When war engulfed Sudan’s capital last month, it quickly spread to the western Darfur region, reigniting an old conflict and sending a wave of refugees over the border into Chad.
Escalation of Violence: Conflict Spreads from Sudan’s Capital to Darfur:
Nasr Abdullahi sent his wife, sister, and five children to Chad last week, staying behind to wait for news of a 17-year-old son in the capital Khartoum. But when his neighbor’s house was burned down and gangs took over the streets, he fled too.
“I couldn’t take it anymore, so I decided to leave on foot,” the 42-year-old said after arriving exhausted on Wednesday in the Chadian town of Adre, about 27km (17 miles) from El Geneina, the main city in West Darfur State. “I crossed through the bush and walked west all night.”
Humanitarian Emergency Unfolds:
Residents link the resurgence of violence in El Geneina and other parts of Darfur to the power struggle between Sudan’s army and paramilitary Rapid Support Forces (RSF) in Khartoum, which has allowed militias in the area to go unchecked. The RSF denies instigating violence in Darfur, instead blaming the army.
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The attacks in El Geneina have razed its markets, power grid, and medical facilities, witnesses say, reviving memories of the atrocious violence that erupted in the early 2000s. Sudan’s health ministry says up to 510 people have been killed in the city of about half a million. At least 250,000 people in West Darfur have been internally displaced while another 90,000 have fled to Chad.
Root Causes and Devastating Impact:
With El Geneina’s communications now cut off, Abdullahi’s account offered a rare glimpse of the chaos. “Heavy weapons and machine guns are being fired everywhere. When you go out in the morning, you see new bullet holes in the walls,” he said, adding that water supplies were cut and food was running scarce in the city he left.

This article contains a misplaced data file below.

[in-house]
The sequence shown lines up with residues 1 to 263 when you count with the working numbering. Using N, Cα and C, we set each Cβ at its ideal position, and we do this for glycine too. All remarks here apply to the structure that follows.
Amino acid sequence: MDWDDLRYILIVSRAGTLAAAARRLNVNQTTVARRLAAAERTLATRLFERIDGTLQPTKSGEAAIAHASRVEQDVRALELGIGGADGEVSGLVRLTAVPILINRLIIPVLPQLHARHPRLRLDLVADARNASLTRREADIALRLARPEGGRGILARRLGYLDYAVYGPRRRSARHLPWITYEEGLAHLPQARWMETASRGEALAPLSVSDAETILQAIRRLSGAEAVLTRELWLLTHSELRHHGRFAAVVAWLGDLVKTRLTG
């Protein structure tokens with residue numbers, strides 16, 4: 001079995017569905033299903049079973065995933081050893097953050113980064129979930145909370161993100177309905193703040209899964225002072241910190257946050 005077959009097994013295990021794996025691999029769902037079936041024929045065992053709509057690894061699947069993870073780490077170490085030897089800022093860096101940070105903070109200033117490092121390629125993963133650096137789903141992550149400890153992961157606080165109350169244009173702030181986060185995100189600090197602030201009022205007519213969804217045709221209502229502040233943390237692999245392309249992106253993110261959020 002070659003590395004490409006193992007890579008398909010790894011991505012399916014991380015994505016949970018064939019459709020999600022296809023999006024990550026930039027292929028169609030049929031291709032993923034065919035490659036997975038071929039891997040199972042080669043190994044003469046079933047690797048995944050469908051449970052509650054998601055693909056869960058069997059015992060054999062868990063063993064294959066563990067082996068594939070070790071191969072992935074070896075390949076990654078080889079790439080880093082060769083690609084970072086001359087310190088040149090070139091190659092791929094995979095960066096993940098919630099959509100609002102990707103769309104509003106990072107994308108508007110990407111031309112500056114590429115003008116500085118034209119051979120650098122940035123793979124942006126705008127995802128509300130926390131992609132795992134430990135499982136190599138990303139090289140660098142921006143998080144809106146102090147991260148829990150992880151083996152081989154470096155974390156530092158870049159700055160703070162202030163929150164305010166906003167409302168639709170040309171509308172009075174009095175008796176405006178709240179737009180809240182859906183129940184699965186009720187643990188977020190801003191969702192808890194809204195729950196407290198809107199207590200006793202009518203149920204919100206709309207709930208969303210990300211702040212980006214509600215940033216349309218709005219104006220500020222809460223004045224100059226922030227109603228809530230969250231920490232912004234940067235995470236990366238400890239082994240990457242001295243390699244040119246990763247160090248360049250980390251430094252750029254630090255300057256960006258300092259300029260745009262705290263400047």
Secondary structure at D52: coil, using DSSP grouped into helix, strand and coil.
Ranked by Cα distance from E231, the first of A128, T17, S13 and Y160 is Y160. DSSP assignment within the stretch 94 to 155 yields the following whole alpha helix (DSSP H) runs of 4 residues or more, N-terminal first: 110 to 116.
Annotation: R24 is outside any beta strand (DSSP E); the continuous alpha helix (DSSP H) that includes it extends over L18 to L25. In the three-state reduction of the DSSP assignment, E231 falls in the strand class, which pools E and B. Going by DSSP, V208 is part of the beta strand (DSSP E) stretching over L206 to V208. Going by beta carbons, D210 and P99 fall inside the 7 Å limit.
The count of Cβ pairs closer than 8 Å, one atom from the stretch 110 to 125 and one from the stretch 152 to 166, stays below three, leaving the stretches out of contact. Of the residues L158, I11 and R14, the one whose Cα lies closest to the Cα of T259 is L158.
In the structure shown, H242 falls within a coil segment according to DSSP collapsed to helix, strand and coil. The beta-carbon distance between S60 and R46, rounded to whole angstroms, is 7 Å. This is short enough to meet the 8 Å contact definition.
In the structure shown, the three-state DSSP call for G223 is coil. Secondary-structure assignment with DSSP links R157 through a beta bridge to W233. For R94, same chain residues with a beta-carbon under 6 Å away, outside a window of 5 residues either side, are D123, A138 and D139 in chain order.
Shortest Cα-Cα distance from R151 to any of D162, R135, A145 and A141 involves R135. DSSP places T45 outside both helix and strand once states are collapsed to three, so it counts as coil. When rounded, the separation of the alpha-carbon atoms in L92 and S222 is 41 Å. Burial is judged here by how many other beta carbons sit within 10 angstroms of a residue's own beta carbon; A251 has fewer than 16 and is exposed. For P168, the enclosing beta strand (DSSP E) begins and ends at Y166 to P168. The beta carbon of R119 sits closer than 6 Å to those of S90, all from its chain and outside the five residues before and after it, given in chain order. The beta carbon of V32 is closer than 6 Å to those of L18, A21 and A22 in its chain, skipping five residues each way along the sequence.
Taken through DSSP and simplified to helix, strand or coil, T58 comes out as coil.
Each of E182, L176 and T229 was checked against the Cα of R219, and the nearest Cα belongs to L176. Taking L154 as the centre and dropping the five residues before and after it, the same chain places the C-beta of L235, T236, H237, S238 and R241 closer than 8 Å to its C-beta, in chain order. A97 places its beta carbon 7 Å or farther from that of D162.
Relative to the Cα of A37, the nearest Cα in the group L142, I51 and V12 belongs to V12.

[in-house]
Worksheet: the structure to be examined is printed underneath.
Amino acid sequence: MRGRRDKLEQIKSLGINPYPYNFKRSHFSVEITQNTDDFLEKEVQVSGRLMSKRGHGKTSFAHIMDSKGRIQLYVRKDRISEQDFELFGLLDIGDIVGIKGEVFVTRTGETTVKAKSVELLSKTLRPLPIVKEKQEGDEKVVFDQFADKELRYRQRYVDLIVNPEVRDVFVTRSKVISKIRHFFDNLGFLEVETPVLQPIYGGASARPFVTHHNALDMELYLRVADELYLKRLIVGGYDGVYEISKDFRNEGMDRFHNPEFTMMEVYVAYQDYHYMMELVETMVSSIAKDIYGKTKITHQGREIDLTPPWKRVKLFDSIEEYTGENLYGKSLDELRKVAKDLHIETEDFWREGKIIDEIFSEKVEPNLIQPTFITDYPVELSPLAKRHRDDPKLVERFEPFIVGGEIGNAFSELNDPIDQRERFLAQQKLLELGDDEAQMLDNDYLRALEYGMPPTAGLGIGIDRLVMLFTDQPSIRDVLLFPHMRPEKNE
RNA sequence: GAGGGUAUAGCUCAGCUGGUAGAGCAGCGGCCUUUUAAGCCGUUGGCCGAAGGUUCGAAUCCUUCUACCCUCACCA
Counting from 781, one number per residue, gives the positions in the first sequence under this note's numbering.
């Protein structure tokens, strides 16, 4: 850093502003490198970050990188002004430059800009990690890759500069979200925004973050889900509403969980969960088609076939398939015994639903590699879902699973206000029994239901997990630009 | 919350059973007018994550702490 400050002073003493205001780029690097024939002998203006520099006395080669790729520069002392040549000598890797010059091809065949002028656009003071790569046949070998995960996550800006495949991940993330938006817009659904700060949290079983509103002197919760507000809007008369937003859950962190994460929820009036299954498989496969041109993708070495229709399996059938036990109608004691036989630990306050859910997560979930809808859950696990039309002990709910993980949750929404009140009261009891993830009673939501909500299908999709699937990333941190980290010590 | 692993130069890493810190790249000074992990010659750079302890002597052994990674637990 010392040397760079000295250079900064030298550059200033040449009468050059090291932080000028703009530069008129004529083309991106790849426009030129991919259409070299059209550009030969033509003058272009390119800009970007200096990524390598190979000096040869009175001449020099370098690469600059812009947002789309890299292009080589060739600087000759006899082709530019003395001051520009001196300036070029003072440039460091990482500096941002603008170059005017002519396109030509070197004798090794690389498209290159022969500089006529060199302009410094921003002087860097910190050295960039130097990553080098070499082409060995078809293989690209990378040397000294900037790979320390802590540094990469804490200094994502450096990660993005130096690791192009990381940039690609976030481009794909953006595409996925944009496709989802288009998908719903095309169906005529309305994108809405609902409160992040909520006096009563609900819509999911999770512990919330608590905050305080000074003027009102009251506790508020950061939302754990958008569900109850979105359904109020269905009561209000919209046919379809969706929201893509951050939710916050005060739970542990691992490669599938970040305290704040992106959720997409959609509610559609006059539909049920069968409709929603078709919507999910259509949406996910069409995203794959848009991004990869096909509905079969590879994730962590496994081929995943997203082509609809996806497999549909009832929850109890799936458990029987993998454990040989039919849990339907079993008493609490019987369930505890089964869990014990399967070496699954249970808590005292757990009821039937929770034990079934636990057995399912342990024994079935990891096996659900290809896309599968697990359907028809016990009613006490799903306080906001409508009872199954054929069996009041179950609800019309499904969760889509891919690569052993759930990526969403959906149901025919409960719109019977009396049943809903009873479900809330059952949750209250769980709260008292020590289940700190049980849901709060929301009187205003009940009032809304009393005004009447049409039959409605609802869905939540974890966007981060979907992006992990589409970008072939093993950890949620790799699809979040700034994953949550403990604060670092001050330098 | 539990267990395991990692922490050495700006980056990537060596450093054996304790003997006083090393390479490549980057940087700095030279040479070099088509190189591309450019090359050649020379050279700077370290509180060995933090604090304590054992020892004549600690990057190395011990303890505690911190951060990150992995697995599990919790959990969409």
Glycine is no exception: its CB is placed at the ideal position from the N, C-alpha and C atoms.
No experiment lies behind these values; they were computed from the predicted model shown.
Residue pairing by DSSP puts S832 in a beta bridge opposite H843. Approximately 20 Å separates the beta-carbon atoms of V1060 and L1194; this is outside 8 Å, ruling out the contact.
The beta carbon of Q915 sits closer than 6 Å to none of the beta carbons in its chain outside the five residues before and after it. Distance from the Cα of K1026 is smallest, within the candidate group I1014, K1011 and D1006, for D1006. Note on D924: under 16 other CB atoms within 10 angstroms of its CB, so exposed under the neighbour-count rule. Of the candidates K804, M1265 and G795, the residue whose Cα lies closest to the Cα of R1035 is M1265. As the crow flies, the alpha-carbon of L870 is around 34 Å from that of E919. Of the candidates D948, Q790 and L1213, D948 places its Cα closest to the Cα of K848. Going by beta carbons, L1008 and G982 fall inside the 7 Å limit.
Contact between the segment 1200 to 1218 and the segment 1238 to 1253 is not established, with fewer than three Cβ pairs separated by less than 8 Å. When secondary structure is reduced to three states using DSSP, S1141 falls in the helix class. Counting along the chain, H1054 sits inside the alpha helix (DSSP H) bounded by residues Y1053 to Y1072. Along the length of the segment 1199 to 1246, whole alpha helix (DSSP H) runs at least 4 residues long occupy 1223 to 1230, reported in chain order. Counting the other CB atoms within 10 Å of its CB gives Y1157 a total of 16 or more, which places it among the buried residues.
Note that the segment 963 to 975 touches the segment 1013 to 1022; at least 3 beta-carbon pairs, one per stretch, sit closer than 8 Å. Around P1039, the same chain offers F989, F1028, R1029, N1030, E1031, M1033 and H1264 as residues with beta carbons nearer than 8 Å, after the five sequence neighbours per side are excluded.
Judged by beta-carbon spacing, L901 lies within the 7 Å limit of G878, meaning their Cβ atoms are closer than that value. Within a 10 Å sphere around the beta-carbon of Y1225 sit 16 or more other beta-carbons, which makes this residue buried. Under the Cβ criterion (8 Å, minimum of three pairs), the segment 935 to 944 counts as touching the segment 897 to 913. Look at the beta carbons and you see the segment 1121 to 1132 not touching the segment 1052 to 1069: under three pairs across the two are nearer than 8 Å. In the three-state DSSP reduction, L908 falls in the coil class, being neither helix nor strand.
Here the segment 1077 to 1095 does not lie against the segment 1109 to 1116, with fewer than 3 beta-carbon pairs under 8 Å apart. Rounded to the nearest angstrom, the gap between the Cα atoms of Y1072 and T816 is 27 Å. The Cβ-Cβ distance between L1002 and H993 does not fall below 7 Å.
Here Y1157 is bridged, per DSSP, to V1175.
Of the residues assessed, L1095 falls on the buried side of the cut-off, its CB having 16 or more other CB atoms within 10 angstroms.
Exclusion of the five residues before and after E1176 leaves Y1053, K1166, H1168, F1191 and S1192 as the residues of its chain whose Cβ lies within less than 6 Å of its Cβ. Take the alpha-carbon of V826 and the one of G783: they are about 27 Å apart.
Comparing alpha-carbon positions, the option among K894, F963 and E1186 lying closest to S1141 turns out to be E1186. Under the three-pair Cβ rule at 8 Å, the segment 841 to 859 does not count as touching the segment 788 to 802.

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The feared Janjaweed militias first gained power as the government used them against rebels in Darfur two decades ago, resulting in the deaths of more than 300,000 people and displacement of 2.5 million. The RSF emerged from them and grew into a large paramilitary force with legal status. Its commander, Mohamed Hamdan Dagalo, known as Hemedti, became deputy head of Sudan’s ruling council after helping topple former leader Omar al-Bashir during a popular uprising in 2019.
Though conflict in Darfur is often described along ethnic lines, pitting Arab tribes against non-Arabs, it is also rooted in a struggle for land, intensified by climate change. “This is between the herder and the farmer. It’s about resources and land,” said Sultan Saad Bahreldin, leader of the Masalit tribe, the largest bloc of El Geneina residents.
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